(For the purposes of this blog my login is ‘keirbowden@googlemail.com’ - substitute your username in the commands below)

Everything is now set up and I can deploy to my dev org:

> sfdx force:mdapi:deploy -d src -u keirbowden@googlemail.com
2884 bytes written to /var/folders/tn/q5mzq6n53blbszymdmtqkflc0000gs/T/src.zip using 36.913msDeploying /var/folders/tn/q5mzq6n53blbszymdmtqkflc0000gs/T/src.zip...
=== StatusStatus:  Queuedjobid:  0Af80000003ynf6CAA
The deploy request did not complete within the specified wait time [0 minutes].To check the status of this deployment, run "sfdx force:mdapi:deploy:report"

Sometimes the deployment completes immediately, but most of the time it takes a bit longer and I have to query the status via the command that the SFDX CLI helpfully gives me in the output:

> sfdx force:mdapi:deploy:report
=== Result
Status: Succeeded
jobid: 0Af80000003ynf6CAA
Completed: 2017-12-12T16:28:39.000Z
Component errors: 0
Components checked: 1
Components total: 1
Tests errors: 0
Tests completed: 0
Tests total: 0
Check only: true

And that’s it - my deployment is done!

Why would you do this?

That’s a really good question. For me, the following reasons are good enough:

  1. The SFDX CLI, unlike the Force Migration Tool, uses oauth to authorise operations, so I don’t need to specify the password in plaintext. It also means that the rest of my team don’t need to learn ANT.
  2. The SFDX CLI, unlike the Force CLI, allows me to fire the deployment off and query the status later, plus it gives me a lot of information in the report.

It’s also clear to me that SFDX is the future, so aligning myself with the SFDX CLI seems a sensible move.

It also allows me to get the status of the deployment as JSON:

> sfdx force:mdapi:deploy:report --json

which gives me a ton of information:

{
  "status": 0,
  "result": {
    "checkOnly": false,
    "completedDate": "2017-12-12T16:28:39.000Z",
    "createdBy": "00580000001ju2C",
    "createdByName": "Keir Bowden",
    "createdDate": "2017-12-12T16:28:09.000Z",
    "details": {
      "componentSuccesses": [
        {
          "changed": "true",
          "componentType": "AuraDefinitionBundle",
          "created": "true",
          "createdDate": "2017-12-12T16:28:36.000Z",
          "deleted": "false",
          "fileName": "src\/aura\/TakeAMoment",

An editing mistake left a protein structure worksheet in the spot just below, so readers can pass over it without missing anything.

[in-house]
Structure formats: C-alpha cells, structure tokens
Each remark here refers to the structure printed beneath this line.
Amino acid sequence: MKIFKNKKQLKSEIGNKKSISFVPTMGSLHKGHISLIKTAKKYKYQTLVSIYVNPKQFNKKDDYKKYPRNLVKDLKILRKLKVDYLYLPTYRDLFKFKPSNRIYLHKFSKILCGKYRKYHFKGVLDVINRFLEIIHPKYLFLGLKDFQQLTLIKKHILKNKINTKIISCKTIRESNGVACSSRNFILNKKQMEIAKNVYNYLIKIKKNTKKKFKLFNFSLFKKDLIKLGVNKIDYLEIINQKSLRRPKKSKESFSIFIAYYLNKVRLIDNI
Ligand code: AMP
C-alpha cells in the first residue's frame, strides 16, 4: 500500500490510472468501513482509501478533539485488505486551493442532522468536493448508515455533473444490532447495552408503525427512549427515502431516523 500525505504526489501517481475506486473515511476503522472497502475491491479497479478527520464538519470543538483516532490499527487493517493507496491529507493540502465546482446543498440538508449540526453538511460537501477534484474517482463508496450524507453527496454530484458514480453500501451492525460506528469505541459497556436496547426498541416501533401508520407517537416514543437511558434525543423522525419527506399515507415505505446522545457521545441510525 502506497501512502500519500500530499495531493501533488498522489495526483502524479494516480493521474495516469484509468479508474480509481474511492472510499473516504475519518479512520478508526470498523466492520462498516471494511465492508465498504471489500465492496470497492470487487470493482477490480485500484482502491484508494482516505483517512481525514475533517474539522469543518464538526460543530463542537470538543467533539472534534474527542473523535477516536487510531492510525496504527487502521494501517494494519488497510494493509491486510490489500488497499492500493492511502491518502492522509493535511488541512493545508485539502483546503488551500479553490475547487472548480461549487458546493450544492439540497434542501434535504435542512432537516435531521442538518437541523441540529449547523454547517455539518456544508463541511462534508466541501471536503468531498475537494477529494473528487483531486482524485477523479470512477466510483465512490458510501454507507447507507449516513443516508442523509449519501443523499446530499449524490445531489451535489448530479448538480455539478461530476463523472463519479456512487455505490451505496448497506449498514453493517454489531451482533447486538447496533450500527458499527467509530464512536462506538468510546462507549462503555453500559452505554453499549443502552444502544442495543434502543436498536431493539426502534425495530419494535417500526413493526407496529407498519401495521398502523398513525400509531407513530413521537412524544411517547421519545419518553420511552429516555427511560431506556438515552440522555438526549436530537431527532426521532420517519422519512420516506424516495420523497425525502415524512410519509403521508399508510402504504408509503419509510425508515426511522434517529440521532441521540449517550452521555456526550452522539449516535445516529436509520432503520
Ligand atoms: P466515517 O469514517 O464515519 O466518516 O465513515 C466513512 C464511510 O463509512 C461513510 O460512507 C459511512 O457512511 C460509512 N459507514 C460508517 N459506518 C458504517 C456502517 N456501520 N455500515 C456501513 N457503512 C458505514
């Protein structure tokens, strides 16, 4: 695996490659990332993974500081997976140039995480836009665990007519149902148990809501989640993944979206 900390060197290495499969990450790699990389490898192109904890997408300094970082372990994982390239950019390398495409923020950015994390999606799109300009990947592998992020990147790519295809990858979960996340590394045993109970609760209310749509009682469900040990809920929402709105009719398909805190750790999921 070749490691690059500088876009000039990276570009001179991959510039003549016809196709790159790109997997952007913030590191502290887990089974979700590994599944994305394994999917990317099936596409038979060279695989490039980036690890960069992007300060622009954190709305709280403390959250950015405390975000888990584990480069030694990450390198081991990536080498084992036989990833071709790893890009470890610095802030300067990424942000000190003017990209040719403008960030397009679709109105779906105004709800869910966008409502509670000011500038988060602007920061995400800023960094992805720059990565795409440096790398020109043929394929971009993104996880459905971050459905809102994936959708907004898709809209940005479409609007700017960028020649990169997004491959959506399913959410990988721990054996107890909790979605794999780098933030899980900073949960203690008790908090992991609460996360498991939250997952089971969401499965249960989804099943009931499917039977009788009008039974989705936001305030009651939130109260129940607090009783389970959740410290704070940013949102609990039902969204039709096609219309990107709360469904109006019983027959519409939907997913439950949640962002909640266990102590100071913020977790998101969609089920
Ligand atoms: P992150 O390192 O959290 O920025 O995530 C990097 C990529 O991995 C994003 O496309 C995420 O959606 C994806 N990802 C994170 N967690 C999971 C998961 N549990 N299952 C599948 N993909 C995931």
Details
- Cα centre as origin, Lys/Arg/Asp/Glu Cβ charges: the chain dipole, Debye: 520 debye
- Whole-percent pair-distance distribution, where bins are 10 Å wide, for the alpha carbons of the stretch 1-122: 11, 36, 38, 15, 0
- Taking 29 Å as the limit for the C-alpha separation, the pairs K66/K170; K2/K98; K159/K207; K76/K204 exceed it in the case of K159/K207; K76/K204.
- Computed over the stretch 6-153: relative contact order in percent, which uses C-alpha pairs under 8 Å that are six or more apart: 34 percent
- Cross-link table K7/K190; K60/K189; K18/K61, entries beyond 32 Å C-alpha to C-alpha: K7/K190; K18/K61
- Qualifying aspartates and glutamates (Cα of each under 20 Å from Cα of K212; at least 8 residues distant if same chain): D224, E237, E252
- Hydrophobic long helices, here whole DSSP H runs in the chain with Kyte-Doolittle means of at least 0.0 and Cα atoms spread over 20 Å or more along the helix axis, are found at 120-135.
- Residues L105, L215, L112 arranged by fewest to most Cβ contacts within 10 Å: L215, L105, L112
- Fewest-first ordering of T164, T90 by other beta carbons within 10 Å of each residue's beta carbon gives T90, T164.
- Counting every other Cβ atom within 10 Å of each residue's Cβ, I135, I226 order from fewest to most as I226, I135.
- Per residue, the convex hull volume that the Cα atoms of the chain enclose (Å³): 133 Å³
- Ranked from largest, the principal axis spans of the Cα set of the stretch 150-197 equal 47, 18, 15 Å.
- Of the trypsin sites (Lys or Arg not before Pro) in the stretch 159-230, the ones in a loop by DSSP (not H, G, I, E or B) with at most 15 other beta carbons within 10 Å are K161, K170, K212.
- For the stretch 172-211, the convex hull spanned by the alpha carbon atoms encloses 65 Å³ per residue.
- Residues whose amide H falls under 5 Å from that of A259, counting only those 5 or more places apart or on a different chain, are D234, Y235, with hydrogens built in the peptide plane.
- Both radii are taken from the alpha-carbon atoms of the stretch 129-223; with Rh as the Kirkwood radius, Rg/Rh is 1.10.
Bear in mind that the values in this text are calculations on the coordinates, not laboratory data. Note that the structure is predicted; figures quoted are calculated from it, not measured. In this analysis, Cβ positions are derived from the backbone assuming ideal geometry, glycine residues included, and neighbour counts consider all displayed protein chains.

"fullName": "TakeAMoment",
          "id": "0Ab80000000PEGWCA4",
          "success": "true"
        },
        {
          "changed": "true",
          "componentType": "",
          "created": "false",
          "createdDate": "2017-12-12T16:28:38.000Z",
          "deleted": "false",
          "fileName": "src\/package.xml",
          "fullName": "package.xml",
          "success": "true"
        }
      ],
      "runTestResult": {
        "numFailures": "0",
        "numTestsRun": "0",
        "totalTime": "0.0"
      }
    },
    "done": true,
    "id": "0Af80000003ynf6CAA",
    "ignoreWarnings": false,
    "lastModifiedDate": "2017-12-12T16:28:39.000Z",
    "numberComponentErrors": 0,
    "numberComponentsDeployed": 1,
    "numberComponentsTotal": 1,
    "numberTestErrors": 0,
    "numberTestsCompleted": 0,
    "numberTestsTotal": 0,
    "rollbackOnError": true,
    "runTestsEnabled": "false",
    "startDate": "2017-12-12T16:28:29.000Z",
    "status": "Succeeded",
    "success": true
  }
}

Having the results in JSON also means that I can easily process it in JavaScript, which I’ll cover in my next post.

Related Posts

 

Monday, 20 November 2017

Animated Lightning Progress Bar

Animated Lightning Progress Bar

Introduction

The Salesforce Lightning Design System has a progress bar component, which can be used to communicate how far through a process the user is, or how close to achieving their target audience they are in BrightMedia. Typically this will be wired up to an attribute so that it updates automatically when the attribute value changes, for example: